Nick turned to the corner when the older man began to speak. “As its namesake implies, hypoventilation is caused more often by pulmonary problems rather than something like a head injury or drug usage, even though both have been known to induce it. But in this case, her clinical history doesn’t suggest asthma or any other respiratory illness. I didn’t find any evidence of inflammation in her airways or anything indicating excessive amounts of mucus in the lining.”
“And the same with Paige?” Nick asked, more than a little dismayed when the pathologist nodded in silent affirmation.
Greg frowned as he lowered his head, moving the lamp to shine directly on the girl’s chest. His vision was focused on the area in the gap of the large y-shaped incision. “Is that…” He squinted as he moved even closer, his finger hovering above her skin. It looked like a small handprint; a red bruise that was barely noticeable against her dark complexion.
“What are you looking at?” Nick asked as he moved beside Greg, trying to discern what the other man was seeing.
Greg delayed answering the question, briefly glancing at Courtney’s lax hand. He couldn’t say for sure at this point, but he guessed that her hand was about the same size as the print on her chest. “There’s a…there’s a handprint on her chest,” he said uncertainly, to some extent questioning himself when he looked to see the other two men watching him warily.
“I don’t see anything, Greg,” Doc Robbins said, a hint of confusion in his voice. He knew bruises would sometimes become more apparent post-mortem, but he’d cleaned the body himself and hadn’t noticed any discolorations. He walked closer to the body, shaking his head as he couldn’t see anything on the girl’s chest.
“It’s where her heart would be,” Greg said, the confidence in his voice wavering.
“I don’t see anything either, man.” Nick shook his head. “Maybe it was the light?” he suggested, gaze travelling to the lamp that was close enough to shine in Greg’s eyes; possibly harrowing some of his ability to see clearly.
Greg furrowed his brow as he looked at Nick, the lines on his forehead increasing when he looked at the body again in search for the handprint; only to find that it was gone. “It was…” right there, he wanted to say. He was more than convinced that he did see a handprint on her chest. He knew he was barely able to keep his eyelids from drooping, but he could have sworn that he saw the handprint. And though faint, it was still fathomable against the girl’s skin.
He moved his line of vision to find that Nick was looking at him with poorly veiled concern, lines around his eyes creased as he examined Greg. Doc Robbins was doing the same, though his unease was more subtle. And if the pathologist was showing cause for worry, then maybe it was the light; an effect from being close to it for too long.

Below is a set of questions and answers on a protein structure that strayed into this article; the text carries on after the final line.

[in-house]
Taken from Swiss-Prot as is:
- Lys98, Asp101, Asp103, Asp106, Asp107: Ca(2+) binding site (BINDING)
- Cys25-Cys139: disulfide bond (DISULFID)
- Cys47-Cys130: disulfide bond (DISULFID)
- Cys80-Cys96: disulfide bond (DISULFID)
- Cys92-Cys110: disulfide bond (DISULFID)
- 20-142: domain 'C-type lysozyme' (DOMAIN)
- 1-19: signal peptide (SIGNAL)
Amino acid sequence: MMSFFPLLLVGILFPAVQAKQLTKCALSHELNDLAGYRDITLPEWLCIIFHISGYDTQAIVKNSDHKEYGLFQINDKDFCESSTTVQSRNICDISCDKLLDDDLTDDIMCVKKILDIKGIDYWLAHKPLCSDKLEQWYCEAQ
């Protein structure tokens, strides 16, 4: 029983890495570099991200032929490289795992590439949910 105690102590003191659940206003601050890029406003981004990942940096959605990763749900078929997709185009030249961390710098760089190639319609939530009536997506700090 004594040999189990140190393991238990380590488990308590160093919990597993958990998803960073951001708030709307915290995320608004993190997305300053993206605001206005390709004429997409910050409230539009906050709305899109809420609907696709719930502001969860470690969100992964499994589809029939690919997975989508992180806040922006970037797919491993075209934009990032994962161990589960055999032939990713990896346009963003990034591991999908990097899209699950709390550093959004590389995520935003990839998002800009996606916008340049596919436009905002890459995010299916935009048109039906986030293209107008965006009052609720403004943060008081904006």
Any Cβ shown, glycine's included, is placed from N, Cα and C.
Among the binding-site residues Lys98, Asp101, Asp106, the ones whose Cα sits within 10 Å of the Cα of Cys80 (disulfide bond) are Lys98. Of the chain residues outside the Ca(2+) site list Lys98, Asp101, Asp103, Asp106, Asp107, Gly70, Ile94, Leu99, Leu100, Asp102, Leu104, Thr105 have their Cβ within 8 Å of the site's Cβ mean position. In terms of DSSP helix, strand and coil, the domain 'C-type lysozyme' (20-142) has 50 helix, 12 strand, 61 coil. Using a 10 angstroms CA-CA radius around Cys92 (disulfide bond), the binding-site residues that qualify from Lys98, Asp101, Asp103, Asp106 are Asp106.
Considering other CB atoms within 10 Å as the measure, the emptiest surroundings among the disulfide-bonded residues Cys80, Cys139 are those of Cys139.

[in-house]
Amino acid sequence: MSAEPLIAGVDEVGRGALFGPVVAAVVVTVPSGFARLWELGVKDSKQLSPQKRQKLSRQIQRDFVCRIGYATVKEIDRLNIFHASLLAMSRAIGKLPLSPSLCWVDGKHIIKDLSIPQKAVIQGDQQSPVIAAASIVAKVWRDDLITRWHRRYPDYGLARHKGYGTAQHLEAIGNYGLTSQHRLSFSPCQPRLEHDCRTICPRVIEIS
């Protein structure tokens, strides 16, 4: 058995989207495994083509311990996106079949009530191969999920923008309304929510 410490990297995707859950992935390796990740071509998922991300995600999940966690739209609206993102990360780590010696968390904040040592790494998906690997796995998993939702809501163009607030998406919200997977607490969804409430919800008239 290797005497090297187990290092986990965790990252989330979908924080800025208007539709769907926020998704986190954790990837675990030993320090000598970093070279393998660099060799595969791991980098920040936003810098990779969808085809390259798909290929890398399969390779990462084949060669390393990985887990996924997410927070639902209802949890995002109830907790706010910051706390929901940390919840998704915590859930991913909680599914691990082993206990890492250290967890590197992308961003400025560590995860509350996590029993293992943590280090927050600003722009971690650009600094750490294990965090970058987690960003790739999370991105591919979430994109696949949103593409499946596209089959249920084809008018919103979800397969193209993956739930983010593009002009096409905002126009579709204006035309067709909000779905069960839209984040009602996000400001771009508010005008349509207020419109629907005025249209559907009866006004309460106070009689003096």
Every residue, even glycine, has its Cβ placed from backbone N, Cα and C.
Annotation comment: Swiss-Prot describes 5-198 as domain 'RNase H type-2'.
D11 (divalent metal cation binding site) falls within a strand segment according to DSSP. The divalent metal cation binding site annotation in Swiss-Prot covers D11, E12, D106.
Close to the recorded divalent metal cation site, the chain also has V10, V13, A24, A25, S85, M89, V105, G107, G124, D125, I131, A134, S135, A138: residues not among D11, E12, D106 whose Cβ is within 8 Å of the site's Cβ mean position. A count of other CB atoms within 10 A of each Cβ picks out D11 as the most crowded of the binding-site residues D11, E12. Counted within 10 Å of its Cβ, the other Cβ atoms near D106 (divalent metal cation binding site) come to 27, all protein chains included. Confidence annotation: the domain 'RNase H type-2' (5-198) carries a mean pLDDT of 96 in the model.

But then there was that feeling again – as if the disappearing handprint was part of a puzzle he couldn’t solve; and he still couldn’t grasp the concept because he was missing the more important pieces.
The case reminded him of something and he had a feeling it had something to do with his childhood, which was probably why he thought of Kyle.  Yet, that meant trying to cipher through something that took place twenty years ago. He knew it was relevant, though.  But he wasn’t even to the point where it would be on the tip of his tongue. It was more like something out of reach, something he wanted to hold on to, but was never in his hold in the first place.
He was vaguely aware of someone calling his name, the voice becoming more coherent and rising in pitch when a hand suddenly appeared in front of him; a barrier between Greg and area of skin where he saw the handprint.
“Greg…” Confusion marred Nick’s features as he looked at the younger man.
“Yes?” Greg asked as he blinked in Nick’s direction, noticing that Doc Robbins was giving him a strange expression.
“There’s nothing there, Greg,” the pathologist said steadily, almost carefully as if he was trying to gauge Greg’s reaction.
Eyes widening in understanding, Greg shook his head. The other two men probably thought he was determined to look for something that wasn’t there. “No…I was just thinking about something,” he tried to assure them.
“It hasn’t come to you, yet?” Nick asked, remembering the conversation he and Greg had the day before.
“No,” Greg answered. “Not yet.”
“Then don’t worry about it.”  Nick eyed the younger man thoughtfully. He had that feeling before, when he couldn’t quite recall something; the feeling often leaving him on edge, but not enough to affect him like it was apparently affecting Greg. “Don’t let it get to you, all right,” he said, hoping the other man would take his advice this time. Greg couldn’t afford to be distracted – none of them could – and especially not on this case.
Greg nodded, not fully agreeing with Nick, but he was willing to drop the matter for now.